We can’t leave the most vulnerable among us behind. These are not idle words. About a decade ago my niece Lily, was born with Down syndrome. The experiences of her mother, my sister Kristen Benitez, navigating through the world of childhood education as a young mom with a special needs child was instructive. Indeed, my sister’s frustration with the dearth of options available to her young child as she reached school age ultimately motivated her to create her own foundation offering supplemental programs to kids with Down syndrome in her community.

While my sister’s efforts in the creation of her foundation, Lily’s Angels, named after her daughter, is extraordinary, we must expect more help from Washington so that more inspired parents and educators have the opportunity to better serve the needs of children with special needs. I vow to be a fierce advocate for the educational betterment of the diverse range of special needs children and adults throughout NJ’s 11th District. But, the task of educating our students, particularly those with special needs, is made more challenging in light of newly emerging issues, such as the teacher shortage now plaguing much of NJ. Although it won’t make me many friends in the very teacher’s union my mother once belonged to, I believe that greater flexibility in the compensation and incentive structure of teachers would bring new and fresh talent to our deserving school.

I understand how complicated and specific the challenges faced by special needs students can be. So my campaign is soliciting input from community members in the hope that we can better deliver smart policy solutions to the residents of our 11th District.

Encourage Private Sector/Non-Profit Innovation:

Our free market system is an amazing asset that must be leveraged to develop educational programs and solutions for the future. I deny the either-or thinking of those who believe that harnessing the engine of the free market in the education sector threatens our nation’s indispensable public schools. The public schools in our district and our nation have been success stories, leading to the creation of our country’s middle class. But the middle class is under pressure, so we must demand more from our educational system.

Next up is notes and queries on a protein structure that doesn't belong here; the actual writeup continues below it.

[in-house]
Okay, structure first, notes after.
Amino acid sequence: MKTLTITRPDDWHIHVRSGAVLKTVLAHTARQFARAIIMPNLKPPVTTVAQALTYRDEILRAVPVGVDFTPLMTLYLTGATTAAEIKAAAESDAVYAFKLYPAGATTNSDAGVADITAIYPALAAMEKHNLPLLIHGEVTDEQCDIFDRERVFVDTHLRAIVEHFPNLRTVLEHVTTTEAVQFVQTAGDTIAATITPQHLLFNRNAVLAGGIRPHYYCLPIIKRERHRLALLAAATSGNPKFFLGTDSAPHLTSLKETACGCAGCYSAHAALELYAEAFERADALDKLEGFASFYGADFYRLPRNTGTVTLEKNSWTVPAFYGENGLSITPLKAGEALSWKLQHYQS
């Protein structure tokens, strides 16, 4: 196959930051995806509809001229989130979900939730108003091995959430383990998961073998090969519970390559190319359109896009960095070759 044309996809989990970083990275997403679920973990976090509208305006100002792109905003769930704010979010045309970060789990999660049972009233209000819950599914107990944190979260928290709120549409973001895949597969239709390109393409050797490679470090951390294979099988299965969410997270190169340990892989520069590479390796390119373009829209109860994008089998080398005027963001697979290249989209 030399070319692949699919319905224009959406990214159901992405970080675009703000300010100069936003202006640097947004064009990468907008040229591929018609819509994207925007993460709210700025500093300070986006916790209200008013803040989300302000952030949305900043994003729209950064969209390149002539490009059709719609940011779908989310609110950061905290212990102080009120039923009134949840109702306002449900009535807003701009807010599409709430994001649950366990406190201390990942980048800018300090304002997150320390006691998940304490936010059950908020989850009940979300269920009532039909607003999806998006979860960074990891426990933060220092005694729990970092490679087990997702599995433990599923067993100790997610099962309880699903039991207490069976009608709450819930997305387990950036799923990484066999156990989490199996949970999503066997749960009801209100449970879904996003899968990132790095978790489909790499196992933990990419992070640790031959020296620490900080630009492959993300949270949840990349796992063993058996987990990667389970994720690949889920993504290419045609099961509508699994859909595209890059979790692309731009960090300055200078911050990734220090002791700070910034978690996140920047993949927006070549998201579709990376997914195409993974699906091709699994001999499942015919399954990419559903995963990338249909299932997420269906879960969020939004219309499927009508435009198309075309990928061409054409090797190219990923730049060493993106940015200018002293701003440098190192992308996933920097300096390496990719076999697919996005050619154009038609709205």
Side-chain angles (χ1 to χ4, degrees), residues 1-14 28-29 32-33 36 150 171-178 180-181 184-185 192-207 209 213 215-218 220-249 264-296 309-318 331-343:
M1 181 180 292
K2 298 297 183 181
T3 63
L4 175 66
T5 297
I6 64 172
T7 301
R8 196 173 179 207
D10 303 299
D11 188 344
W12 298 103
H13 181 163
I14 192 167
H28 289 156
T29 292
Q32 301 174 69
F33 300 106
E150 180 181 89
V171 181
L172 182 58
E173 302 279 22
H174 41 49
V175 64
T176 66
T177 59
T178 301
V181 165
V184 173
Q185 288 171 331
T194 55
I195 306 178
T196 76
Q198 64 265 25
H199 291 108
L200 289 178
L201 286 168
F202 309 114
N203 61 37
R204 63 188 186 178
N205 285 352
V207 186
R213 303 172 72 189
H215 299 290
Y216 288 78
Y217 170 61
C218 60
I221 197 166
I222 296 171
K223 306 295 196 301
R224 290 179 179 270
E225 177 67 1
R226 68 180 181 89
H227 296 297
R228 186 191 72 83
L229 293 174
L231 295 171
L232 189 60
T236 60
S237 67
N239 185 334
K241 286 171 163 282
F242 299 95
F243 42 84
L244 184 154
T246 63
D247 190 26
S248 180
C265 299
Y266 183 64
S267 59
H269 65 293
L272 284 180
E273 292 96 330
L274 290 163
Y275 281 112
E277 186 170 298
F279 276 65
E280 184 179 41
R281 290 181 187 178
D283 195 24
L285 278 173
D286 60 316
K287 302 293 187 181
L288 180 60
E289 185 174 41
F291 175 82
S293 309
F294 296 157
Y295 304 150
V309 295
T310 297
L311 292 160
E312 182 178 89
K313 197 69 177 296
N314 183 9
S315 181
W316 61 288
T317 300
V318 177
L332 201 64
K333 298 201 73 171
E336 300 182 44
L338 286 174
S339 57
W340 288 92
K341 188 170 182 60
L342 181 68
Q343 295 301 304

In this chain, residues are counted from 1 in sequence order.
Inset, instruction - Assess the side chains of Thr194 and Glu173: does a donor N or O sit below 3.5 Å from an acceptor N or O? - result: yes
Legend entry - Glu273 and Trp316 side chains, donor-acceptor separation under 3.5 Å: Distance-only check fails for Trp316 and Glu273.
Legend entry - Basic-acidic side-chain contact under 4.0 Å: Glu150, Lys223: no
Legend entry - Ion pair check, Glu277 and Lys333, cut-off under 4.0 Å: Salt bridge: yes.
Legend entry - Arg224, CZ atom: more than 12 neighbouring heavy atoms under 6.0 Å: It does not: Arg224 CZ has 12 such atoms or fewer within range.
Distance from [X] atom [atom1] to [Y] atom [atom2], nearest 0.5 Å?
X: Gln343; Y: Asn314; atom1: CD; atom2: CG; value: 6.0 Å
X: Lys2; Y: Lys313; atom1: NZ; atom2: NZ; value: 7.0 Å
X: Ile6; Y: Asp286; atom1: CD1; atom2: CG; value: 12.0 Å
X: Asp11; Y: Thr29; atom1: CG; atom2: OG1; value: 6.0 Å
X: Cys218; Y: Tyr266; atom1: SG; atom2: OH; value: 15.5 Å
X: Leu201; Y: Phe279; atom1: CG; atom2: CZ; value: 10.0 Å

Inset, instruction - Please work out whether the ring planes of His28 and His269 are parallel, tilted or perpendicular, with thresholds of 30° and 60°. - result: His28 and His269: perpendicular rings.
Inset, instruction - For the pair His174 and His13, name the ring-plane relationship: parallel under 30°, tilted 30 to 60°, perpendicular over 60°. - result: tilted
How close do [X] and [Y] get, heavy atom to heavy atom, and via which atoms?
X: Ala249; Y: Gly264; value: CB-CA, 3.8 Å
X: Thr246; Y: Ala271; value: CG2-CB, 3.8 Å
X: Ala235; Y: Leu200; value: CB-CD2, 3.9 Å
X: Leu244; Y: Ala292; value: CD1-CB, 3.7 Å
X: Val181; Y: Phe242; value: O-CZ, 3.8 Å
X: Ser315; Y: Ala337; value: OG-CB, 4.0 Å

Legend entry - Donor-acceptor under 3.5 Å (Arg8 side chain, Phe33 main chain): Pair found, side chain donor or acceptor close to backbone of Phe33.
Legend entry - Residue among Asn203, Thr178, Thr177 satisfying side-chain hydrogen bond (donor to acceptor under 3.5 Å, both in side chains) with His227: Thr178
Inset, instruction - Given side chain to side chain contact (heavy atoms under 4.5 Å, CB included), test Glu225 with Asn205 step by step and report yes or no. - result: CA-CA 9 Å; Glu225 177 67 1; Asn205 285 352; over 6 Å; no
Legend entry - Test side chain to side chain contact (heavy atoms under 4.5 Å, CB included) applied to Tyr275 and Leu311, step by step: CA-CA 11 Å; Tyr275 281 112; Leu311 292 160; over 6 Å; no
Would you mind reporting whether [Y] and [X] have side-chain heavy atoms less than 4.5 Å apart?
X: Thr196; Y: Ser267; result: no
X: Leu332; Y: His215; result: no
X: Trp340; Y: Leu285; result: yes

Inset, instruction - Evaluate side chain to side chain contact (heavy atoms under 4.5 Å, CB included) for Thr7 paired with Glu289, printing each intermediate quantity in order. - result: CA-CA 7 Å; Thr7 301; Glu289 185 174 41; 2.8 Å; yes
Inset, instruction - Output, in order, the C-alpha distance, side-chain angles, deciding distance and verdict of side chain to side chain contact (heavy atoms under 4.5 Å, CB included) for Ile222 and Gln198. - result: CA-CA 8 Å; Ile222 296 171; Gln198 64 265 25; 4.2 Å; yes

The Khan Academy is one such not-for-profit, private sector innovation in the world of education that has been an overwhelming success story. With its original emphasis on the sciences and math, The Khan Academy, a non-profit created by the private sector, makes available thousands of free lessons to students on its platform and on its YouTube channel. The Khan Academy could not have been created without the technical advancements of the internet and indeed succeeds precisely because it harnesses the power of technologies made possible by the free market. The federal government must respect local control of education. Yet, it can facilitate the cooperation between stakeholders and leaders in both the private and public spaces to encourage further educational innovation.

Develop & Reform the For-Profit Sector:

I believe that there is a place for for-profit companies to engage in the educational space. Sadly it seems as though we are not there yet, as some for-profit educational providers have faced allegations of predatory lending, churning out fewer students with degrees than students defaulting on student loans. Indeed, in an interview with the NY Times, in an article entitled “Left in the Lurch by Private Loans From For-Profit Colleges,” a former student who attended a school run by a locally based for-profit educational company described this organization by saying “I just feel like they’re a money pit.” She further stated that from her perspective the company’s view was that “we’re going to get our money and we’re going to put them in debt and they’re going to have to pay us back.”

Although the state of affairs in the for-profit education industry are concerning, I see an opportunity here. With targeted governmental oversight and a predictable regulatory environment, it is my hope that more actors from the private sector will rush into this space and with enhanced competition that the private sector can provide the community with sensible and affordable educational alternatives.

By holding firm and not compromising standards while cultivating a dynamic market place with public and private solutions to educational needs serving conventional and unconventional life learners in a smart mix of conventional and unconventional ways, the path towards a brighter future awaits us.